Scotch Broth – Frank McNally on the case for repatriating the Book of Kells

An Irishman’s Diary

During renewed debate about the Elgin Marbles (aka the Parthenon Sculptures) recently, there was an interesting letter in the London Times. It was from a reader in Argyll, Scotland, who first agreed with a Times editorial calling for the marbles to be returned to Greece. Then, using the same logic, he called for the Book of Kells (aka "the Iona manuscripts") to be repatriated from their long exile in Dublin.

"In the 1,500th year of [Saint] Columba's birth," wrote Dr JD McKelvie, "it would be fitting to reconsider his written legacy in the illuminated manuscripts, created in Iona then transported to Kells Abbey in Ireland to avoid the Norse incursions of the 8th century. As the Norse no longer attack the west of Scotland, surely it is time to repatriate these gospels to Iona rather than keep them in a university museum that contributed nothing to their creation."

There may have been a tongue planted in the letter writer’s cheek here – I can’t be sure. But assuming he was at least half serious, several problems arise to differentiate the book case (as it were) from the Marbles.

The first is that, as far as I can tell, nobody knows for certain when and where the Book of Kells was written. It is well accepted now that Columba (521–597AD) himself had nothing to do with it, despite former legend, being long dead by then. But there are several competing theories for the composition’s whereabouts, the most plausible being that it started on Iona, perhaps to mark the 200th anniversary of the saint’s death, and was finished in Kells.


So even if our man in Argyll succeeded in wrestling the book out of Trinity’s grip, he would then have to fight off a rival claim from Meath, whose natives can be every bit as fierce as eighth-century Norsemen when roused.

Then there is the complex political background from which the book emerged, in a time when neither Scotland nor Ireland were what they are now. As well as being a religious base for the Irish "conversion of Pictland" (as Norman Davies termed it in his epic history of these islands, The Isles), Iona was part of the sea-straddling kingdom of Dal Riata, which included part of what is now Antrim and most of Argyll. Argyll means "the coast of the Gaels", but the extent of Irish interests in Scotland then still haunts the whole country's name too. In the Latin of the Middle Ages, Scotia meant "Ireland" and the scotti were "Irish people".

Hence the oddly titled ninth-century philosopher John Scotus Eriugena, whose bald dome used to adorn the Irish £5 note. His "Eriugena" meant "born in Ireland" while the "Scotus" meant Irish. So as if to anticipate the latter-day controversy of English media outlets describing celebrities from this island as "British", thereby causing regular outbreaks of savage indignation here, his name – "John the Irish Irishman" – seemed to be stressing a point.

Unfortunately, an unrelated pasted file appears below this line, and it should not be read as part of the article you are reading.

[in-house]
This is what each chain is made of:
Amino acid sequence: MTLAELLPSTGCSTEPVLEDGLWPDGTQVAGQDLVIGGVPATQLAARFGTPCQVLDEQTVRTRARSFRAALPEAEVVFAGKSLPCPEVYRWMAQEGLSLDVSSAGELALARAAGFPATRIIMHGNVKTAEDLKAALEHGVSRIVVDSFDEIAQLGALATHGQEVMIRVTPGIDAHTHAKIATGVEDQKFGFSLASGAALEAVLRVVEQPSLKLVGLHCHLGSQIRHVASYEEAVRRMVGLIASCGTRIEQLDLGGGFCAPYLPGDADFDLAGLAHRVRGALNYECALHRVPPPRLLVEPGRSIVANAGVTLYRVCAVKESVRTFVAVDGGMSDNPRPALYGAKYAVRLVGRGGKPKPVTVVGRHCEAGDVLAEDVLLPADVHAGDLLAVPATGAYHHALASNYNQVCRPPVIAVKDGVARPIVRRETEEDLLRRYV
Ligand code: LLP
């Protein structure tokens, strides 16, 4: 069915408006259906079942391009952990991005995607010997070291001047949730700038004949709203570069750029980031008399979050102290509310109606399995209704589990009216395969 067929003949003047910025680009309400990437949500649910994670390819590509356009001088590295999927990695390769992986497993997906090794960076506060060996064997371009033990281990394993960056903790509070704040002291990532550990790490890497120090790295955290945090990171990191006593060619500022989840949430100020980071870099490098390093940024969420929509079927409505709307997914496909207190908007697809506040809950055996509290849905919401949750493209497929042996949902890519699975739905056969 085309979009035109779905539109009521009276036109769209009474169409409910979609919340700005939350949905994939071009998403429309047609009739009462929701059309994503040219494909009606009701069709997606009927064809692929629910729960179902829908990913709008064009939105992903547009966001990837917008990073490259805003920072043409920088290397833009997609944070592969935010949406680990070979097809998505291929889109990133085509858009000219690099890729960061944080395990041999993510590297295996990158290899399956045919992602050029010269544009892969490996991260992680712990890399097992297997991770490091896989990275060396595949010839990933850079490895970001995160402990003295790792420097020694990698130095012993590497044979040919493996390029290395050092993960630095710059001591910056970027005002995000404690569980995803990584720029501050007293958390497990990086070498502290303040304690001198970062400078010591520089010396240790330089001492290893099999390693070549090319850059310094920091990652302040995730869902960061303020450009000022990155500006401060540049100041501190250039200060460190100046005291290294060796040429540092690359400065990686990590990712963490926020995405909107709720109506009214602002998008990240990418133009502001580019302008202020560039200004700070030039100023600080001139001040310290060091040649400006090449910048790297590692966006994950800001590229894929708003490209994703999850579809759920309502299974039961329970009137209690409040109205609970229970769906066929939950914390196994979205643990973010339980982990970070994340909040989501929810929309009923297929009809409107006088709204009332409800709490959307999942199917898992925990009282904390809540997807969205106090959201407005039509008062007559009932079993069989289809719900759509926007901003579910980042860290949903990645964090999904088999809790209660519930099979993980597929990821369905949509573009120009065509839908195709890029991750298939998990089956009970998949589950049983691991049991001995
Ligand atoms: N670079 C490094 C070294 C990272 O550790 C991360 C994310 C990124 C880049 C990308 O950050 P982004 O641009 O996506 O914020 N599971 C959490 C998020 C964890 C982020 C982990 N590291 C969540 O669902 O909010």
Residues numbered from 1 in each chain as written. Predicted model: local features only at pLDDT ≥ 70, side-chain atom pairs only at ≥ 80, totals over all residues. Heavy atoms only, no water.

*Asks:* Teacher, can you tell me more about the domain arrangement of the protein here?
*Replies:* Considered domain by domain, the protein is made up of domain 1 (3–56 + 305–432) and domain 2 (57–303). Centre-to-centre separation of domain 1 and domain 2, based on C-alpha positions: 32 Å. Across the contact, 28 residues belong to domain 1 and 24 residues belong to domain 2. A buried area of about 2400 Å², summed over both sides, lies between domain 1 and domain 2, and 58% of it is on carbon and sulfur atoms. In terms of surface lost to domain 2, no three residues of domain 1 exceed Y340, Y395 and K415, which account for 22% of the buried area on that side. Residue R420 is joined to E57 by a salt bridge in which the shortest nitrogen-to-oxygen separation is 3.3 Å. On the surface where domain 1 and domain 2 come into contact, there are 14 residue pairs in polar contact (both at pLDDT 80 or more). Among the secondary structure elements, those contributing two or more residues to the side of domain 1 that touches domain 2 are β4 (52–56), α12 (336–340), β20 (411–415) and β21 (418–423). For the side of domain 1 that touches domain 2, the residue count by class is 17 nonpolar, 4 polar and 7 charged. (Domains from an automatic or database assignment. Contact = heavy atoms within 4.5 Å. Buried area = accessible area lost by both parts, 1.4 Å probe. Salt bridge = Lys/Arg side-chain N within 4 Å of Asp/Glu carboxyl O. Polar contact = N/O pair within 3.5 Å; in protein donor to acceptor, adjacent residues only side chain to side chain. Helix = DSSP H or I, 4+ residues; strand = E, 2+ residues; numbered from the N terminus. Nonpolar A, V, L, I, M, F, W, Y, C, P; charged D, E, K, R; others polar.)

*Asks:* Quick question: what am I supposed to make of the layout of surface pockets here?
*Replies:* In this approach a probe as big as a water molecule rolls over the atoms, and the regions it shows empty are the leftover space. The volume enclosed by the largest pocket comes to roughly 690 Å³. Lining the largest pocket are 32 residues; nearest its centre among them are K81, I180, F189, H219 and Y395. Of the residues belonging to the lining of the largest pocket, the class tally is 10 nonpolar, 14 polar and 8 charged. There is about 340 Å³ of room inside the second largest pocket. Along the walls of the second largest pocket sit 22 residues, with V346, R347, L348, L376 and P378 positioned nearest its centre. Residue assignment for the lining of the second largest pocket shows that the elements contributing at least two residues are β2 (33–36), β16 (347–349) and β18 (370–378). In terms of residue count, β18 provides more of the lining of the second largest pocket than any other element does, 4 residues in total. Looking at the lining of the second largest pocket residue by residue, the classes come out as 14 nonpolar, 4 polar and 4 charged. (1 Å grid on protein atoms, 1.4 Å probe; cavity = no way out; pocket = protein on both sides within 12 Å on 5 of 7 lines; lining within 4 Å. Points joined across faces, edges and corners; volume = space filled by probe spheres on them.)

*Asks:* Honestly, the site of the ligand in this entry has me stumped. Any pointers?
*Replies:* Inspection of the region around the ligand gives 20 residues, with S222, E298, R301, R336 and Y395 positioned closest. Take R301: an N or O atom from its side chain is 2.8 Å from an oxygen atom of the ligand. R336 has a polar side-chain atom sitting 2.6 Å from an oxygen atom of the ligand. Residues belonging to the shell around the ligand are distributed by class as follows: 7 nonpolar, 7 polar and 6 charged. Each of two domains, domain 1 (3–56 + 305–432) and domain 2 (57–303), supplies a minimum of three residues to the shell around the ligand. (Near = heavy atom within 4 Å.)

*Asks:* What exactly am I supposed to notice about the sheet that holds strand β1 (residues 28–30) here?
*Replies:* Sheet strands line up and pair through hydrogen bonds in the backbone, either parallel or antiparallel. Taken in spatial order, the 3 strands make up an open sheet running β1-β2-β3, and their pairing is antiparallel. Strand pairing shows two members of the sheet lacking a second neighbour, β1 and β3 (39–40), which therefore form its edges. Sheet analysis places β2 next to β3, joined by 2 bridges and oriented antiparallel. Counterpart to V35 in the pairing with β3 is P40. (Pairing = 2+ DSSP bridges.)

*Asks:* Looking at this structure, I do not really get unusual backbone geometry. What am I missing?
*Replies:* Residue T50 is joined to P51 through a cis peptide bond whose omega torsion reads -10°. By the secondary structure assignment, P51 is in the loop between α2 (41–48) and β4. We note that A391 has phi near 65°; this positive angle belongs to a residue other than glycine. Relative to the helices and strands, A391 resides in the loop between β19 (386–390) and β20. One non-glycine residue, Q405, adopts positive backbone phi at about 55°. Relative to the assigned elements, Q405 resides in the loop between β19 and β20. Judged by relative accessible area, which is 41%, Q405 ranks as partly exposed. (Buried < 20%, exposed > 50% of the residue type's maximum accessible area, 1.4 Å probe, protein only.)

I won’t suggest that Argyll’s pursuit of the Book of Kells might reopen old territorial claims involving Ireland’s overseas possessions, or even lead to litigation as to the true ownership of the brand-name “Scotland”. I’m just pointing out that issues of cultural appropriation in this case would be like the lettering of the Book of Kells itself: highly intricate.

The title of that Norman Davies history, by the way, was a studiously neutral way of describing Britain and Ireland, and thereby sidestepping another long-standing dispute.

Indeed, nomenclature was a major sub-theme of his book, which is broken into 10 chapters, each with a different variation on the overall title’s euphemism, including “The Germano-Celtic Isles” (circa 410–800AD), “The Englished Isles” (1326 – 1603), and “The Post-Imperial Isles” (since circa 1900).

But with this week’s Oscar nominations setting off yet another row over people from Ireland (the State) being called “British”, with some perpetrators justifying it on the basis that Ireland (the country) is part of the British Isles, I was reminded of an attempted resolution of the argument once inspired by Columba’s Scottish colony.

Back around the time of the Belfast Agreement, when the art of diplomatic fudging reached historic heights, some politicians suggested the disputed archipelago should be known as the Islands of the North Atlantic, or IONA.

The idea never quite took off, somehow. One drawback was that it excluded several other landmasses the term could equally describe, including Iceland and the Faroes. And then there was the problem of Britain, which was being awkward as usual. Bounded by the Celtic, Irish, and North seas, it’s hardly in the Atlantic at all.